Much like previous con films before it like Matchstick Men and The Grifters, Criminal tells the story of a veteran taking a young inexperienced rookie under his wing and showing him the tricks behind the money, and the con artist philosophy.
Based on the Argentinean film Nine Queens, Richard (John C. Reilly, Magnolia) spots Rodrigo (Diego Luna, The Terminal) trying to hustle drink money in a club. He hustles Rodrigo out, and discovers Rodrigo is doing this to earn m…ney for his father, who’s incurred a large gambling debt to mobsters. Richard decides to show Rodrigo how the grift works, and Rodrigo even has a few tricks for Richard. Things become interesting when Richard’s sister Valerie calls him (Maggie Gyllenhaal, Secretary) from her job at a 4 star hotel to inform him he has a visitor. Valerie is aware of Richard’s work and hates it, and him, as he is in the midst of a legal battle with her for their mother’s estate. Throughout the day, Richard and Rodrigo help Richard’s hotel friend attempt to sell a counterfeit treasury document to a wealthy investor. Along the way, we discover the lengths Richard goes to to pull off the deal, and you see just how many people want a piece of the pie. As is the case with con movies, there’s a twist at the end that we don’t see coming, but in a sense, since Reilly is such a sympathetic face, you almost don’t want it to happen that way.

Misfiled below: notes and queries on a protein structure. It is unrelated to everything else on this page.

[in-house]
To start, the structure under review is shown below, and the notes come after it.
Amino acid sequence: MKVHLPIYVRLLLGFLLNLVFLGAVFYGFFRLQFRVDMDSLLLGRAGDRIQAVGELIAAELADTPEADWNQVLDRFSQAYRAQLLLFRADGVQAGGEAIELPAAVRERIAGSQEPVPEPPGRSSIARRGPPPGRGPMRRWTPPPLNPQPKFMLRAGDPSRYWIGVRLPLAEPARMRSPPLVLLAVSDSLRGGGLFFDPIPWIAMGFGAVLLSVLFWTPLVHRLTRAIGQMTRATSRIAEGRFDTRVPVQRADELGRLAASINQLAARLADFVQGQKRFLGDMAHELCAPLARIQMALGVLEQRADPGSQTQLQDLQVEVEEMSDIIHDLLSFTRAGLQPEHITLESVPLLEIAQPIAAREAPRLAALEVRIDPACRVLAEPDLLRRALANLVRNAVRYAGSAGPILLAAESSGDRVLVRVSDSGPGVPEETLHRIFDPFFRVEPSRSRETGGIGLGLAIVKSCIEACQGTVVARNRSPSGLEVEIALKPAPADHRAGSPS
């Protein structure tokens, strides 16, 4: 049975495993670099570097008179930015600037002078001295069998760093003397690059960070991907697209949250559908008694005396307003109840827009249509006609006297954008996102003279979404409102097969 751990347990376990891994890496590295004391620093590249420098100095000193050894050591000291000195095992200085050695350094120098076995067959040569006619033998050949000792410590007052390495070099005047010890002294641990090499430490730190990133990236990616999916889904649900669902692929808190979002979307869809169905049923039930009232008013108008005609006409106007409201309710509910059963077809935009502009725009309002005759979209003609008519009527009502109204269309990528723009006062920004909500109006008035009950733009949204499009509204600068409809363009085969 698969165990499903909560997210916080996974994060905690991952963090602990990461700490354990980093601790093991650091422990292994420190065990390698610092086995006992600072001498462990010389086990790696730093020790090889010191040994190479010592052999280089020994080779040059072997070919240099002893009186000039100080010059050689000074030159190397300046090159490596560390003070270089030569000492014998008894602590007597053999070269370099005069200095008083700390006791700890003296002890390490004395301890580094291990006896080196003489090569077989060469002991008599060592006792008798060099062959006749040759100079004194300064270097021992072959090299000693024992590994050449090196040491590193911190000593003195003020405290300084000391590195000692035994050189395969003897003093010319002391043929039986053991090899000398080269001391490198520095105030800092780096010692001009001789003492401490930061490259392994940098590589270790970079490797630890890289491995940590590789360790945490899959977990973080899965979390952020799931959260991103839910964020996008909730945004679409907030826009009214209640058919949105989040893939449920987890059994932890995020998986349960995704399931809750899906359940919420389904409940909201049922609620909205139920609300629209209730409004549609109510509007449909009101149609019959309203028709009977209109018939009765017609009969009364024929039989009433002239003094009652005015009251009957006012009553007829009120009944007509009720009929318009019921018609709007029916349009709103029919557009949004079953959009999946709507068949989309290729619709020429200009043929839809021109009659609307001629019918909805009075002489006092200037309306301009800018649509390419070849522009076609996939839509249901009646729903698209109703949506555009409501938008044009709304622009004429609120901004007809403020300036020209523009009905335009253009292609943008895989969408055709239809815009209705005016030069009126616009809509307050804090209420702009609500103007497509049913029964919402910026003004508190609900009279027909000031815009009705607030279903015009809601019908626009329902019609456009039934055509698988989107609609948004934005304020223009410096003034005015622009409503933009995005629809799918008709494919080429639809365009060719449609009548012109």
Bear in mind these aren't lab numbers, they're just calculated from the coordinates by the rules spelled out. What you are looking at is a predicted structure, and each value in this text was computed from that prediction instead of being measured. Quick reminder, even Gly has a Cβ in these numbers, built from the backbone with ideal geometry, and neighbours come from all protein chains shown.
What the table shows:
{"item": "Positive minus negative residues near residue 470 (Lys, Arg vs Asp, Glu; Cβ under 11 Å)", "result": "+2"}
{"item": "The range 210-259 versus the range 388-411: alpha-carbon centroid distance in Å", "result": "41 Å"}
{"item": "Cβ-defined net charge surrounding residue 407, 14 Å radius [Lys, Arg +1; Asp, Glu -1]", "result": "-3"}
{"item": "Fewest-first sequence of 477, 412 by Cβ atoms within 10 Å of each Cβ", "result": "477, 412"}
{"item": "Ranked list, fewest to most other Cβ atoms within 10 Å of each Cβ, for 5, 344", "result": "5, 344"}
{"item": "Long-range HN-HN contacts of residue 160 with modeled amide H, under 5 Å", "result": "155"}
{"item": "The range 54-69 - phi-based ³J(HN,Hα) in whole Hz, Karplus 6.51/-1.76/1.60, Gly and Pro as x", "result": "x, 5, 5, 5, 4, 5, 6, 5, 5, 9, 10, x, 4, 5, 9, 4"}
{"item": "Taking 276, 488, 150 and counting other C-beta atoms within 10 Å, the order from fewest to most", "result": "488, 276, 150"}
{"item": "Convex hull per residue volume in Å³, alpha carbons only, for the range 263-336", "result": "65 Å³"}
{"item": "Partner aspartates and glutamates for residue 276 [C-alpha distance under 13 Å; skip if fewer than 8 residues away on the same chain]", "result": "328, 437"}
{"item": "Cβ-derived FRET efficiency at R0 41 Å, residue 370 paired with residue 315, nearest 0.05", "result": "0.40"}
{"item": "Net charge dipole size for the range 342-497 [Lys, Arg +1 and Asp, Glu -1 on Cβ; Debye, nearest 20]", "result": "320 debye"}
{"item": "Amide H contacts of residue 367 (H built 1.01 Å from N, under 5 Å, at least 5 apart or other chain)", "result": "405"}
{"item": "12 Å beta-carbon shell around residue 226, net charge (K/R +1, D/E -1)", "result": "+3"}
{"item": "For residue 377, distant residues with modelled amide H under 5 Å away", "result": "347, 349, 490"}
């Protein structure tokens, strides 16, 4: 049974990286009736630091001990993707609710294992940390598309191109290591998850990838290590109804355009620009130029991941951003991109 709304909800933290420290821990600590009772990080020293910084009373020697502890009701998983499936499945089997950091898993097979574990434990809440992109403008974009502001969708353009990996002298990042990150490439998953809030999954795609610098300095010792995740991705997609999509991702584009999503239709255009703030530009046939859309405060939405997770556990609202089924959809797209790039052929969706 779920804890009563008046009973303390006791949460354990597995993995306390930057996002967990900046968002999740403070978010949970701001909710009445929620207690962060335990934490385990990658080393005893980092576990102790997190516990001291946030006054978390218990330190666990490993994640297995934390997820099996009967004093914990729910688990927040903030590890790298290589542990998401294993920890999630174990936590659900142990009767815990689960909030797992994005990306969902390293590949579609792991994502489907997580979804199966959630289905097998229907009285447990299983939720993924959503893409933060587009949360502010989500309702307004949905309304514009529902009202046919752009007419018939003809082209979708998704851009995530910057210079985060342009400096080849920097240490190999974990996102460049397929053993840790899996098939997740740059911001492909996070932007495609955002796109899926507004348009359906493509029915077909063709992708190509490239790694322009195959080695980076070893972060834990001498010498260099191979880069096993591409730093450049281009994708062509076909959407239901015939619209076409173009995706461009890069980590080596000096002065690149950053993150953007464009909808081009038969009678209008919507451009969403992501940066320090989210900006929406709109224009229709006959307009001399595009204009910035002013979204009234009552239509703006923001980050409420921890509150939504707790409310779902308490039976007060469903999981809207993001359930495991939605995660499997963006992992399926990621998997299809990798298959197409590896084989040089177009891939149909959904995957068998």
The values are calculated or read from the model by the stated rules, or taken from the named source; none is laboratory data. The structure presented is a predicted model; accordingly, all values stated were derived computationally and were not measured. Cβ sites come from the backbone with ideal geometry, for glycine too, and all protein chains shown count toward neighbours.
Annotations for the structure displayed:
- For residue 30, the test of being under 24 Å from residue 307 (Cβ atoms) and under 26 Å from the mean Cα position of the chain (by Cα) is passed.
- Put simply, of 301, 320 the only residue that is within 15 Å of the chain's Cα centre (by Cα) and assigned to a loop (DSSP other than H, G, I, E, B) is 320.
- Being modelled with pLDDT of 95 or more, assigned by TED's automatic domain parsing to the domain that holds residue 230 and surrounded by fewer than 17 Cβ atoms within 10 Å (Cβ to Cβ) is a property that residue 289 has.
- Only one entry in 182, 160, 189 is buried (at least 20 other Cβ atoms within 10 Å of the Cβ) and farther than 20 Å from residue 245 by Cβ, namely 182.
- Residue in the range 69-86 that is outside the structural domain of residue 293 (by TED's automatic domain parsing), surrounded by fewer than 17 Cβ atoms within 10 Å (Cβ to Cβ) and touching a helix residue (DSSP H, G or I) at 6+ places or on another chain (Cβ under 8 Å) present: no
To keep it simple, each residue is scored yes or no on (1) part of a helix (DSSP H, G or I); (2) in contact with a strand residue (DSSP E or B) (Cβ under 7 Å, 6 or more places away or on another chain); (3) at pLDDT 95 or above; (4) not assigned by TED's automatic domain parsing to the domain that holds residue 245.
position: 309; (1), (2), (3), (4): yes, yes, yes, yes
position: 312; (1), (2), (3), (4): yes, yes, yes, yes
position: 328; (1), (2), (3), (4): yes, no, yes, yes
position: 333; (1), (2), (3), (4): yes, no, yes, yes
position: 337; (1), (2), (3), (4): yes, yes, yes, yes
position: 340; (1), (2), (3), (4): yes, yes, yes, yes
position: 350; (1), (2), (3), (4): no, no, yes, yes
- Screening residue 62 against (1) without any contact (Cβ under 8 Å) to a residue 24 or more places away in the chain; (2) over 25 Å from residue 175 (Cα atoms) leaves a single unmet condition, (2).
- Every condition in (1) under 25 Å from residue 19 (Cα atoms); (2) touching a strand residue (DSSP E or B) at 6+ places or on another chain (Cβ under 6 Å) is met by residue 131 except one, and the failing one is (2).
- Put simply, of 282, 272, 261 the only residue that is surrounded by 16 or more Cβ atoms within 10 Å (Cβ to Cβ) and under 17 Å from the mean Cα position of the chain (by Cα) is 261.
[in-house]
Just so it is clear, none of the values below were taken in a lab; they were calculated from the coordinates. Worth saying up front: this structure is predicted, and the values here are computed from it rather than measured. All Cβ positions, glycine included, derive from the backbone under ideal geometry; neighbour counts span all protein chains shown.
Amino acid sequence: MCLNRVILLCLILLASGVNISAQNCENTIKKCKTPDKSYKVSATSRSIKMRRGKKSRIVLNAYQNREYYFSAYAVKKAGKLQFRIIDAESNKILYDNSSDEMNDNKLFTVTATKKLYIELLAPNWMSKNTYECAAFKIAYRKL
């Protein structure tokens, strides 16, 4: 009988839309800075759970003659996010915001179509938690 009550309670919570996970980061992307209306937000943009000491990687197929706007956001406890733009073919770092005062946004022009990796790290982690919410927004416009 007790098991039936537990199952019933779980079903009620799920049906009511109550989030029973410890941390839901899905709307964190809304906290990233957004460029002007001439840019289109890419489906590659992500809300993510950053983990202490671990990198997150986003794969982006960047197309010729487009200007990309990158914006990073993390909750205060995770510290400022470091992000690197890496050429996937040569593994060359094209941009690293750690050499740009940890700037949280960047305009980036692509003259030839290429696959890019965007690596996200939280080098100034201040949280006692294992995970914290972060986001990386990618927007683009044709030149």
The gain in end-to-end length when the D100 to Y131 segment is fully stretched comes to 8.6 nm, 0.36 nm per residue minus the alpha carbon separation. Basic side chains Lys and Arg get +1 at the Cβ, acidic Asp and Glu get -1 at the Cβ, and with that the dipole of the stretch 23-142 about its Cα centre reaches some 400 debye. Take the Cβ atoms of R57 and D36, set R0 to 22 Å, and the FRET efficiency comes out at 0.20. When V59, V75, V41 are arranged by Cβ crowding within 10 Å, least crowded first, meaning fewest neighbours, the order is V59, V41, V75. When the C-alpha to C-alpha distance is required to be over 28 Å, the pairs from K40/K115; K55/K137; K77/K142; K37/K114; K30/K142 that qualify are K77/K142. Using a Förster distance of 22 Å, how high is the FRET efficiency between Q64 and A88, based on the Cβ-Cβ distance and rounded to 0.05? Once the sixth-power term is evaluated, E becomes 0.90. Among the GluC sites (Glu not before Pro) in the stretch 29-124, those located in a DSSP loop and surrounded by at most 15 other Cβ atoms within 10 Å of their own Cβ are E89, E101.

Written and directed by Gregory Jacobs, a longtime member of Steven Soderbergh’s filmmaking crew (Soderbergh and George Clooney produced the film), most grift films are pretty good, and this one isn’t bad either. Reilly does a good job as Richard, but because you see him as a pushover sometimes, being a hardened con seems to be a bit of a miscast. You stay involved in the film and at the end, even though it’s a little sour, considering what Richard does to close the deal, it’s more than a little warranted.
Warner Brothers keeps up the good work, as another dialogue-driven con movie is given a Dolby Digital 5.1 soundtrack. Overall, it’s a very muted soundtrack, but when needing to provide ambient sound effecting, it does well.
The 1.85:1 anamorphic widescreen view of Criminal looks very good. There appear to be a good number of unscripted, handheld shots, and they look better than I was expecting. The overall image doesn’t appear sharp consistently, but I think that’s partially due to the way it was shot.
All that’s here is a trailer and two film recommendations. Now THAT’S a crime!
Like most films about cons, Criminal is good fun, though not entirely memorable. The performances by Reilly, Gyllenhaal and Luna are good and the film is shot very well, but there’s not too much that makes it stand out from past films. Check it out for Reilly’s performance though, it’s definitely a change from previous roles.
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